In contrast, a clinically significant pharmacokinetic interaction between paclitaxel and doxorubicin was demonstrated in breast cancer patients during a trial to evaluate their administration by sequential 24-h and 48-h continuous i.v. infusions, respectively (10). Specifically, the CL of doxorubicin decreased by 32% when the paclitaxel (125 mg/m2/24 h) infusion preceded doxorubicin (48 mg/m2/48 h) in comparison to the reverse sequence within the same cohort of patients. This resulted in a 70% higher mean doxorubicin plasma concentration at the end of infusion and a greater incidence of severe stomatitis. Both preclinical and clinical evidence suggests that the alteration in doxorubicin pharmacokinetics is directly attributable to Cremophor EL, used to solubilize paclitaxel (28, 29). Although the mechanism of this interaction has not been definitively established, it appears to be a consequence of altered drug distribution, rather than an inhibitory effect upon P-glycoprotein-mediated biliary excretion or hepatic metabolism of doxorubicin (28, 30, 31). Differences in the plasma concentration-time profile of Cremophor EL imparted by the paclitaxel administration schedule could account for the apparent sequence or schedule-dependent effect upon doxorubicin pharmacokinetics. Increasing the duration of infusion to 72 h or longer, together with the administration of lower total doses than permitted by shorter infusion schedules of paclitaxel, may not provide sufficiently high systemic levels of Cremophor EL to modulate doxorubicin distribution.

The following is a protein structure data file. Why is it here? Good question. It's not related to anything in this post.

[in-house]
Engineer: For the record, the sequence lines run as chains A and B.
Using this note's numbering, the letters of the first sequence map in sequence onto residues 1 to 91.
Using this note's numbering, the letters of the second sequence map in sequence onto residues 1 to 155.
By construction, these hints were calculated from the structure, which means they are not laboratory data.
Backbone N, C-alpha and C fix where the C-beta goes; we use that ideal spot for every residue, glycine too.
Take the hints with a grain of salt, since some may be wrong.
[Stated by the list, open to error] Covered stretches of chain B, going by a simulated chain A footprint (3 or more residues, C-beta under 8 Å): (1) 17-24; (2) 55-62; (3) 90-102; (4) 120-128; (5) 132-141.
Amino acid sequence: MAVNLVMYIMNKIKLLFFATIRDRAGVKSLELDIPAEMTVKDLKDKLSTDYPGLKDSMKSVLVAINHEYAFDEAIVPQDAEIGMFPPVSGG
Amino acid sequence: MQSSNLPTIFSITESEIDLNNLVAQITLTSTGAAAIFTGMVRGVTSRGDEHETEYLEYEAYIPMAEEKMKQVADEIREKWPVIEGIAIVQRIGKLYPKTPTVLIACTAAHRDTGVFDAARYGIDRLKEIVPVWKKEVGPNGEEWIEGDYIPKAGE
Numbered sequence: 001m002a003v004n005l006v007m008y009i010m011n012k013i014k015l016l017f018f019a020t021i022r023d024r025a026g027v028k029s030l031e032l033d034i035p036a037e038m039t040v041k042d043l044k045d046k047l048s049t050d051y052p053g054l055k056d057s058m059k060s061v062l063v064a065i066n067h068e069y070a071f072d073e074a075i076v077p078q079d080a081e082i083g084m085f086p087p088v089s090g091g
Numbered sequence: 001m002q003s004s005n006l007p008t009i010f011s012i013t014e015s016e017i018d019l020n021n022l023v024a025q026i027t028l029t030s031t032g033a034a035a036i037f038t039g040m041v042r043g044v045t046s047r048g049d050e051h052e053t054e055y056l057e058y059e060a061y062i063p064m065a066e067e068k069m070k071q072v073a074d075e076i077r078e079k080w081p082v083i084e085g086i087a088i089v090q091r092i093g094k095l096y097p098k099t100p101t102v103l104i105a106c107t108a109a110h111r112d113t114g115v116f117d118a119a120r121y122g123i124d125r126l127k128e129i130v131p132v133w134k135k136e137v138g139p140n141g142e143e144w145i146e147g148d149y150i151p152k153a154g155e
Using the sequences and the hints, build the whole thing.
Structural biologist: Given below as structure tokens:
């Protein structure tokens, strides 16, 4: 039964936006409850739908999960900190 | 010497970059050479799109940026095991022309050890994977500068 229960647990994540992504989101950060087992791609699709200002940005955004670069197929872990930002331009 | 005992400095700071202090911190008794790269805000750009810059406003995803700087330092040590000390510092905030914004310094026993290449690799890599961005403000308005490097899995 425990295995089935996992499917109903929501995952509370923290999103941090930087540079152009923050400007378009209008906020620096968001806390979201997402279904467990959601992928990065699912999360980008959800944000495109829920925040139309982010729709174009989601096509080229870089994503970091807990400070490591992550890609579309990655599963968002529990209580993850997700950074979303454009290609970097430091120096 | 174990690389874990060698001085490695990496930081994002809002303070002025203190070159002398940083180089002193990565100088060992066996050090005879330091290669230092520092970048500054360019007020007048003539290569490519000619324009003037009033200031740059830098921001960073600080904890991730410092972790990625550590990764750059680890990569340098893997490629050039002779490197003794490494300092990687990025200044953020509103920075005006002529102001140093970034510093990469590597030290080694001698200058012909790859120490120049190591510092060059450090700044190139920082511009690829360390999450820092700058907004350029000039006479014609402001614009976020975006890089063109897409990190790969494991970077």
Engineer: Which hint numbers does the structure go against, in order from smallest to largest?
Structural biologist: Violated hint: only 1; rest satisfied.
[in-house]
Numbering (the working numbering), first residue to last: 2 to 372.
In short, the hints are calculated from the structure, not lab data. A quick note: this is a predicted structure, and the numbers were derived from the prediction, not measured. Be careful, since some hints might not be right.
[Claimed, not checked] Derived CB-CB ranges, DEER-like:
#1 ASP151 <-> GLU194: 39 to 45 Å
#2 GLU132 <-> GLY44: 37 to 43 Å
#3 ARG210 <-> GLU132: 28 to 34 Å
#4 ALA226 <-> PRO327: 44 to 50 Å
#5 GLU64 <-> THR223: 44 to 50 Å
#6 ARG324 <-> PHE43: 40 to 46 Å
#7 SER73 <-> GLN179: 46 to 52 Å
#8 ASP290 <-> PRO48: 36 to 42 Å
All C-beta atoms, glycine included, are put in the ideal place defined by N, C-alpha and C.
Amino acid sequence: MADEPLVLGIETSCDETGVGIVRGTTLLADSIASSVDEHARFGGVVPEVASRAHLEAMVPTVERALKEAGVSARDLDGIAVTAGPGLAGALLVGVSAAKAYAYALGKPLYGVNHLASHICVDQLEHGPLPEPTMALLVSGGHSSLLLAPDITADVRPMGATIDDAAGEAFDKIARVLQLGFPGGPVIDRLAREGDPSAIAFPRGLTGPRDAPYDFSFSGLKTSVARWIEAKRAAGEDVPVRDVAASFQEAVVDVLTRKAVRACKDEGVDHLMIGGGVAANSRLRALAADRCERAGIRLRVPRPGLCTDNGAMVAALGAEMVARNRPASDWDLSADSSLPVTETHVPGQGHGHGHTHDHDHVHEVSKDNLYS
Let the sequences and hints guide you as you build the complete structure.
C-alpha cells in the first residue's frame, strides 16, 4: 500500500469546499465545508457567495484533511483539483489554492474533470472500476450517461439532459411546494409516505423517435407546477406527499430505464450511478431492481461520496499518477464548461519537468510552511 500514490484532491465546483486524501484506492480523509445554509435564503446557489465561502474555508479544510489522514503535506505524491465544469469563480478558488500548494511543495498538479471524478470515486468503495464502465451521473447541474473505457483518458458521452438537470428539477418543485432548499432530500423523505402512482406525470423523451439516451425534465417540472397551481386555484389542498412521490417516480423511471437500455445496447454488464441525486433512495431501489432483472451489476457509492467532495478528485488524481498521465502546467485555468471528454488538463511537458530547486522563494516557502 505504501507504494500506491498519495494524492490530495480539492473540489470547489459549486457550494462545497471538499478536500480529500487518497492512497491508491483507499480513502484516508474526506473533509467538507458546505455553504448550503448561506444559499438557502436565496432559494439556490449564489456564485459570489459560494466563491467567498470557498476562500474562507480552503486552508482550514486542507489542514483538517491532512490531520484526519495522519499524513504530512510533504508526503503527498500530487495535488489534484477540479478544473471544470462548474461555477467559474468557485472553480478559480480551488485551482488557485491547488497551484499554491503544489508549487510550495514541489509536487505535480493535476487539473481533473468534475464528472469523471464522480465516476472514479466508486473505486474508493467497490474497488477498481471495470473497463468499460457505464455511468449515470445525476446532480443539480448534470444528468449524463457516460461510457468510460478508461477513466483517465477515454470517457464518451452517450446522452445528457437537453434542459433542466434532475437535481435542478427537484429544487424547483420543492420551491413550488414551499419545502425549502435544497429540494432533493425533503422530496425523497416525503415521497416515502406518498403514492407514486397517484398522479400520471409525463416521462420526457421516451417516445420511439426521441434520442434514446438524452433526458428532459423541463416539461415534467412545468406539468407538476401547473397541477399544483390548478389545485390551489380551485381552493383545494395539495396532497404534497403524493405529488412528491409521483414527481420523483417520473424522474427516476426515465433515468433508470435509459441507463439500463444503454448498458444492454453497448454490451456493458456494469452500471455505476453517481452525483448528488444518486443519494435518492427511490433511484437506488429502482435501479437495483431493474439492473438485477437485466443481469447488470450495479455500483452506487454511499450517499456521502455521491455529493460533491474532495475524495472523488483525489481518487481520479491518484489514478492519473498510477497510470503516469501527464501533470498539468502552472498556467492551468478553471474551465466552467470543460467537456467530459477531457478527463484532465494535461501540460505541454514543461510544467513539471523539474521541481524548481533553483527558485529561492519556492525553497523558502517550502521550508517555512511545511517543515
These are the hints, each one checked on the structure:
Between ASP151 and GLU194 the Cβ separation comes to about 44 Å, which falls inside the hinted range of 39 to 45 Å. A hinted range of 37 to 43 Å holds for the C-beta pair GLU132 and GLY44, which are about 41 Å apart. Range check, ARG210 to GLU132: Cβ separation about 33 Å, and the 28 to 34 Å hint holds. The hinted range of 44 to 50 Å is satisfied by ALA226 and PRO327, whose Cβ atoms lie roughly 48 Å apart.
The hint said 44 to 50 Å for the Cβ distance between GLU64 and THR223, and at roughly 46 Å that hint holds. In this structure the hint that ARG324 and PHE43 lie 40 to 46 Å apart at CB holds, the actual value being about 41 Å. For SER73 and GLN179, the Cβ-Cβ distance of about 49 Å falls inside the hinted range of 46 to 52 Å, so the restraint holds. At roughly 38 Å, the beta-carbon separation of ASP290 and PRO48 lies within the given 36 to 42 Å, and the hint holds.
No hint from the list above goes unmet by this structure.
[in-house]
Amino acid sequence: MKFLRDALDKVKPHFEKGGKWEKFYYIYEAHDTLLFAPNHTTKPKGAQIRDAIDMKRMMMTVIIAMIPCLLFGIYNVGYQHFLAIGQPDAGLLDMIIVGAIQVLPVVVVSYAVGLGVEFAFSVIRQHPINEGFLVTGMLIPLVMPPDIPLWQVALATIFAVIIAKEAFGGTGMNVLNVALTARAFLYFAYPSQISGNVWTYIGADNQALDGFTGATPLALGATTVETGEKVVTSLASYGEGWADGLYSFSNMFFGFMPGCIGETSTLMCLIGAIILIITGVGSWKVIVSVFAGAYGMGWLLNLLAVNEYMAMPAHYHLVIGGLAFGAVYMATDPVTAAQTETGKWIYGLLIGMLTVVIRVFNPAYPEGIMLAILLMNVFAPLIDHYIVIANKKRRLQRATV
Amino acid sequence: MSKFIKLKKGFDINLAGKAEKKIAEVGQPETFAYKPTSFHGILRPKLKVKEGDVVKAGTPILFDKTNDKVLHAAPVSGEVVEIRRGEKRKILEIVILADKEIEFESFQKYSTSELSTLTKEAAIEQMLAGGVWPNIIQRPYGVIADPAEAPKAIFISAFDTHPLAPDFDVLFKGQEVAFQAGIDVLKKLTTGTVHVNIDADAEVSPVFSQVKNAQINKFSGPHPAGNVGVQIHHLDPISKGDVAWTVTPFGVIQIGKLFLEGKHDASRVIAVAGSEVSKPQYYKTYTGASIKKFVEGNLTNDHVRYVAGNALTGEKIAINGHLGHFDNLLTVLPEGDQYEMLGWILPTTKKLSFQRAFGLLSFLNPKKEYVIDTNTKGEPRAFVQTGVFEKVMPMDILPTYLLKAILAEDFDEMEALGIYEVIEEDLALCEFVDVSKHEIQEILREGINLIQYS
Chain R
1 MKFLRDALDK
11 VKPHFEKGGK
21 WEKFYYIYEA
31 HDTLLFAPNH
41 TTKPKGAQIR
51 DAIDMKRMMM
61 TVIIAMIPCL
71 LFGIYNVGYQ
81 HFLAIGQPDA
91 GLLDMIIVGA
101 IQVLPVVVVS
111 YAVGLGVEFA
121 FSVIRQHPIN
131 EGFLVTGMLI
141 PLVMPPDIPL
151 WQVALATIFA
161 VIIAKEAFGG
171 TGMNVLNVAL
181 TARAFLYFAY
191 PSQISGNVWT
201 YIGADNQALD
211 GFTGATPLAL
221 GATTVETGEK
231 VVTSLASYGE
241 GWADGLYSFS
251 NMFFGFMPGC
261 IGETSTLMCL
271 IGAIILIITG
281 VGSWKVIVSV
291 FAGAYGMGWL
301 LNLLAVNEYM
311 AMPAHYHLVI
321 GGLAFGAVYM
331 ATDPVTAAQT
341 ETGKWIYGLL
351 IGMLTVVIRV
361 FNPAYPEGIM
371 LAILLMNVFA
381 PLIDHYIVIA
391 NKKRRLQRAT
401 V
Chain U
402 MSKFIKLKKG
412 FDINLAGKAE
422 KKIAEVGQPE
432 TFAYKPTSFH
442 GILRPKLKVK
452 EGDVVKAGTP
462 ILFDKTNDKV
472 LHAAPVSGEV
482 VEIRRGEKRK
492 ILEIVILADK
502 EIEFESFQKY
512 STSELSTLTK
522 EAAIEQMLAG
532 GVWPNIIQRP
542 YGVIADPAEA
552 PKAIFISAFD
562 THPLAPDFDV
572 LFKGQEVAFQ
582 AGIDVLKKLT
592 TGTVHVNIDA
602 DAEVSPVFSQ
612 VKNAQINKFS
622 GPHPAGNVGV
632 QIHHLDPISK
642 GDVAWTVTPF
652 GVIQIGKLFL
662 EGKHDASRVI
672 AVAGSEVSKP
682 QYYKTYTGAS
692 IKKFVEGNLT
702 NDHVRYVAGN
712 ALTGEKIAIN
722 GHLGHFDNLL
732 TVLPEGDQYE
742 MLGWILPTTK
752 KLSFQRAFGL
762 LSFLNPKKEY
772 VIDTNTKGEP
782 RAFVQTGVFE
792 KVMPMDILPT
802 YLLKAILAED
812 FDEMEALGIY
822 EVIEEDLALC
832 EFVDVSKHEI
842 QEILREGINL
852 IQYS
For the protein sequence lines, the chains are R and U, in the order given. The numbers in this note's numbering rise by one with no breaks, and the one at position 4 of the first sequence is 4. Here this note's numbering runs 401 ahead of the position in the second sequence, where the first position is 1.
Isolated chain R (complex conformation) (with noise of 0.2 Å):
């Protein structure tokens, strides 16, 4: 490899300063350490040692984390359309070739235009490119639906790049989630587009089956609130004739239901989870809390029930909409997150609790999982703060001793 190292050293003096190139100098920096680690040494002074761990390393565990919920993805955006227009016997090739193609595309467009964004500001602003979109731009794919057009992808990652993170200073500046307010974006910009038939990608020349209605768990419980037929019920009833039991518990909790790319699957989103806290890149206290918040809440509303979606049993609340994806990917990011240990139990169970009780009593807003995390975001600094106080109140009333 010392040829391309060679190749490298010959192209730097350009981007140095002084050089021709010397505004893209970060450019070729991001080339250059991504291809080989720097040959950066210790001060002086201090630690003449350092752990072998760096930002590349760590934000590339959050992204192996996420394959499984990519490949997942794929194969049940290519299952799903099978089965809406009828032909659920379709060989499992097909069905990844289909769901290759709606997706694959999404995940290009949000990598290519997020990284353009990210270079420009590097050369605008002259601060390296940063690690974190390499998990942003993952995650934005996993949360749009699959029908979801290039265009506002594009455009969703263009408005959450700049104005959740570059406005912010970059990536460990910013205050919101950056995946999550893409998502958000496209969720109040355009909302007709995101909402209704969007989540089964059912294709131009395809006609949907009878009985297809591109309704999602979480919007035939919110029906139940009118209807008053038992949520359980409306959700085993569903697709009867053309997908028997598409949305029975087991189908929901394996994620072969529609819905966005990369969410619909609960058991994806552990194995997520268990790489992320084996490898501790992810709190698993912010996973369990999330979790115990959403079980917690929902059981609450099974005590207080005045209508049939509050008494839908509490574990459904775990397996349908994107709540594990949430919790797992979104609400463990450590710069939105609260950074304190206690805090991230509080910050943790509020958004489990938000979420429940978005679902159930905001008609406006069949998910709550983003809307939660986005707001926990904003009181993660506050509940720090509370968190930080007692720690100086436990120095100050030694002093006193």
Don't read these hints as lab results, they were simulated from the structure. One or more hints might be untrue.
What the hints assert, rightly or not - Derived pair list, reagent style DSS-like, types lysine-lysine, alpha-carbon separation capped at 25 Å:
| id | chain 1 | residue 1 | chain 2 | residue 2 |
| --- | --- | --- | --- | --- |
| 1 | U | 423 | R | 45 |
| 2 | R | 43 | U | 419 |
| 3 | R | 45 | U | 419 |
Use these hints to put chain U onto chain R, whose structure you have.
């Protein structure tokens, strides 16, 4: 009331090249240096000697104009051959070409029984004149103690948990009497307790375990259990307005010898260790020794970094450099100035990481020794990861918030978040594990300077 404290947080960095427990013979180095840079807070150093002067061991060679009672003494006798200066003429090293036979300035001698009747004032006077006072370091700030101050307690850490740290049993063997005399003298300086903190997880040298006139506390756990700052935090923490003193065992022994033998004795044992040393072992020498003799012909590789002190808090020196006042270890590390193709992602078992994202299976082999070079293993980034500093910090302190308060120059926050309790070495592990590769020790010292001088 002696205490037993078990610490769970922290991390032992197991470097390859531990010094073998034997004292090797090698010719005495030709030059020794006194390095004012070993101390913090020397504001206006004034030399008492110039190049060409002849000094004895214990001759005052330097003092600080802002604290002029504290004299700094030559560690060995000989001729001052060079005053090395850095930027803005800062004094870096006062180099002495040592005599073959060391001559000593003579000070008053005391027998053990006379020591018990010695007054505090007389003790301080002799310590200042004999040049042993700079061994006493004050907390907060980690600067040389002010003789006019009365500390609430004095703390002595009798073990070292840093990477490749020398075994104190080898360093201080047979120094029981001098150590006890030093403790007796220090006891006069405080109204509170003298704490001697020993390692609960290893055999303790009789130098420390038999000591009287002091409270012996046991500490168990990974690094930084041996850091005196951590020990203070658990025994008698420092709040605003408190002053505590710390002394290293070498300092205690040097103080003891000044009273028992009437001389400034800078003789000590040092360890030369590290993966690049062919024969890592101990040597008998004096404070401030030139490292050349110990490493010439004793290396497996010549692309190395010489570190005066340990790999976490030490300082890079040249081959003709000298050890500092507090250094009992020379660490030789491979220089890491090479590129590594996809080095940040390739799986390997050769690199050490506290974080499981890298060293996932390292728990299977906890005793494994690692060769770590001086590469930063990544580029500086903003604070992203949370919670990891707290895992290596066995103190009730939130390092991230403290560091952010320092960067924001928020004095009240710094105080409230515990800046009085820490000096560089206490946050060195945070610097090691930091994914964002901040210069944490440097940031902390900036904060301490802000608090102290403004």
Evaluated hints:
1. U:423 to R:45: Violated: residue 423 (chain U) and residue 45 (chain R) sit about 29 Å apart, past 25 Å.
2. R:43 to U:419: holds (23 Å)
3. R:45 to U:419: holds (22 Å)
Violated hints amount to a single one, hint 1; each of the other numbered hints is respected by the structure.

The present study cannot differentiate the contribution of paclitaxel and doxorubicin to the efficacy of the regimen. However, the Cleveland Clinic group have recently published a Phase II study of 30 women receiving 96-h infusion paclitaxel for recurrent ovarian cancer (32). All patients were defined as resistant to paclitaxel. Although the regimen was well tolerated, no objective responses were observed. This is a disappointing result but in view of the activity seen in our study, perhaps strengthens the argument for a role for anthracyclines in advanced ovarian cancer. Although more patients on our study had been treated with paclitaxel in the first-line regimen, only 53% were clearly paclitaxel refractory. Despite the negative study by Markman et al.(32), there is sufficient confidence in the rationale for protracted exposure to paclitaxel that the GOG are conducting a randomized trial of i.v. cisplatin with either 24- or 96-h paclitaxel.